Build the Ultimate Self-Care Routine By Embracing the Power of NO
by Brittany Jorel
2 years ago
Before reading this blog post, I want you to take a moment and say "No" out loud (or in your head).
How did that make you feel?
Now I want you to say it again, but with just a little more sass.
If saying "no" felt hard or uncomfortable, then girl, his post is for you!
If you are a "Yes Ma’am," people-pleasing woman, then this post is also for you!
I've struggled with saying "no" to others, especially when the request comes from a family member, close friend, or client. But, with a few simple tips and a little bit of practice, it gets easier. And soon saying "no" is going to feel so damn good!
If you are ready to Embrace the Power of NO, then keep reading below!
No is a negative word associated with rejection, disappointment, or disapproval. When we hear the word “no," we may feel like we have done something wrong or inadequate. And at times, that two-letter word can make us feel powerless.
But why is saying "no" so hard?
Our people-pleasing attitude is often rooted in childhood. We receive praise for being "mummy's little helper" or a reward for agreeing to do a task we otherwise wouldn't have done. In our adolescence, we subconsciously begin identifying the word "no" with rejection or disappointment. Knowing how uncomfortable those emotions can make us feel, guilt begins to creep within us as we start to feel ashamed in disappointing others. But if we are being honest, we probably feel a little resentment towards that person too.
That is why we tend to say "Yes" to the things that we don't want to.
Have you ever said "yes" to a request because you felt like you had to? Yup me too! I didn't want to decline the ask or invite because I was worried it would hurt the other person's feelings, which is why we need to take a little lesson from a two-year-old.
If you have a toddler at home or niece/nephew that is around the age of two, you will know they are pros at saying no. That's because a child is following their instinct! They aren't worried about how their parent, caregiver, or even sibling will react to this simple word. They don't overthink the possible consequences, and they aren't trying to be mean. Toddlers speak how they feel, and if they say no, it's because that is what they want.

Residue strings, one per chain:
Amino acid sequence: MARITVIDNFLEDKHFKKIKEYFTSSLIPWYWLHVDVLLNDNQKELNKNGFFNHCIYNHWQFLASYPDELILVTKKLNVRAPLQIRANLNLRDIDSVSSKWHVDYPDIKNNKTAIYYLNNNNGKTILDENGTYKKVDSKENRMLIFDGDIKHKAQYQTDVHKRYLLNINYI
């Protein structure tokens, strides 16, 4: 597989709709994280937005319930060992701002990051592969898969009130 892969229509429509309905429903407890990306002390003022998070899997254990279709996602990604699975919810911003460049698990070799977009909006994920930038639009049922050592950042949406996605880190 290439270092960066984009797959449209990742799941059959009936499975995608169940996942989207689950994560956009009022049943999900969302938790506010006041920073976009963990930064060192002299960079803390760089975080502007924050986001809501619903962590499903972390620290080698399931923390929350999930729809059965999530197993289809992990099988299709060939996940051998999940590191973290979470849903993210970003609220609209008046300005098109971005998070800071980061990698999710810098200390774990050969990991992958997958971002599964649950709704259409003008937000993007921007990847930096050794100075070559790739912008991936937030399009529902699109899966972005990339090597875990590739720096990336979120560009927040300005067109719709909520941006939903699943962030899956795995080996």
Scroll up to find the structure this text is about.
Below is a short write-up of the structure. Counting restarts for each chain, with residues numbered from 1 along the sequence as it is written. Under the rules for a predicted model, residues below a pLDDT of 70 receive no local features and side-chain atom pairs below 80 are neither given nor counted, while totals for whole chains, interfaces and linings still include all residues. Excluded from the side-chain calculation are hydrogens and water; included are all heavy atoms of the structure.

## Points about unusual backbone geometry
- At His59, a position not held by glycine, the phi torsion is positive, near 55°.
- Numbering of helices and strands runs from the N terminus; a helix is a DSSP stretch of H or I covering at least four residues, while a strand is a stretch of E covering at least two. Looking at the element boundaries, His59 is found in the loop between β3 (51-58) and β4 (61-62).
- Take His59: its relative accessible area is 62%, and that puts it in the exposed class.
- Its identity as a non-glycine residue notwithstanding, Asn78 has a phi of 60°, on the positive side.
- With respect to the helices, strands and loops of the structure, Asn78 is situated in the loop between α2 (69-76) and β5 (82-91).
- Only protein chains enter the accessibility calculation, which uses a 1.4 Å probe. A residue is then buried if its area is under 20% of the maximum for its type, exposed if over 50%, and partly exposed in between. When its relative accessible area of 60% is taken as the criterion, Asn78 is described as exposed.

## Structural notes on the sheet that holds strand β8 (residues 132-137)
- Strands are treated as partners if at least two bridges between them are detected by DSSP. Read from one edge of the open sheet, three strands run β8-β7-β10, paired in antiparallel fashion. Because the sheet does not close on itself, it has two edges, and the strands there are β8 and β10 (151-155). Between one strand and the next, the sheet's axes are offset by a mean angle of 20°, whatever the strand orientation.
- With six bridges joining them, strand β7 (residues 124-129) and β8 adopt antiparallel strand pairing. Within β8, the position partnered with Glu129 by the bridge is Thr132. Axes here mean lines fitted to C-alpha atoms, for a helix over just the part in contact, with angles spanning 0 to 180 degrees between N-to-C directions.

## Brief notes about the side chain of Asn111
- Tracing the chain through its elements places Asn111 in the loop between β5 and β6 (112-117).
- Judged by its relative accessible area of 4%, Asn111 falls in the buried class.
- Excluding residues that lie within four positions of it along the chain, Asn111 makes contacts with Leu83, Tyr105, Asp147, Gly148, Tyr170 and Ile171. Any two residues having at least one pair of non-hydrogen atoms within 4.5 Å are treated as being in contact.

As we grow older, most of us tend to use the word "no" less and less. We begin to overthink the consequences of using this word, fearing judgment, hurting the feelings of others, or how this response might make us look. Females also have a much more difficult time saying "no" because women tend to worry about how our actions will affect others or if our answer will start some sort of conflict.
But girl, we need to do our adult selves favor, embrace our inner two-year-old and say how we are feeling. We need to start changing our mindset from "how will this make the other person feel" or "how will this make me look" to "what do I really want.”
"When you say No to Something you don't want, you say YES to something you do want" - Shanshera Quinn.
Are you reading this, nodding your head? That's okay, and I want you to know that you aren't the only one struggling with this situation. That is why I created these
5 simple tips to help you Embrace the Power of No!
- Tune Into You: Since we are so used to saying “yes," we may no longer even know what it is that we ACTUALLY want. Recognizing if you wish to say yes or no to something can be hard, which is why I encourage you to tune into you. Listen carefully to your initial feelings when someone asks you to do something. Do you instantly feel excited? Or did a sense of dread or anxiety overcome you? Pay attention to that feeling!
- Am I Doing This For Me: If you still feel unsure of how to respond, I want you to get in the habit of asking yourself, "am I doing this for me"? Remember, every time you say "yes" to something, you say "no" to something else. Declining a request because it is not for you is not selfish; if anything, it is the start of self-care.
- Practice: Practice makes champions, and I want you to be the champion of your own life. But I understand that saying "no" to every ask might make you feel anxious, so start with the small things. The next time you are offered a drink at the hairdresser's or the server asks you to see the dessert menu, simply say "no thank-you" and mentally note how that response makes you feel.
- No Excuses Needed: Have you ever made up a little white lie or told your friends you weren't feeling well because all you wanted to do was stay at home? Often, we guilt ourselves into providing a reason for turning down an invite or request. But girl, you don't need to explain your decision to anyone.
- Say No: There are a variety of ways in which you can politely decline an invite or turn down an offer. Try using these phrases instead:
By following these simple steps above, you will begin to feel more free, confident, and happy. Now go embrace the power of no! You've got this girl!
If you are looking for some self-help books I recommend:
- "The Power of No" by Claudia Azula and James Altucher
- "How to say no without feeling guilty" by Connie Hatch and Patti Breitman.
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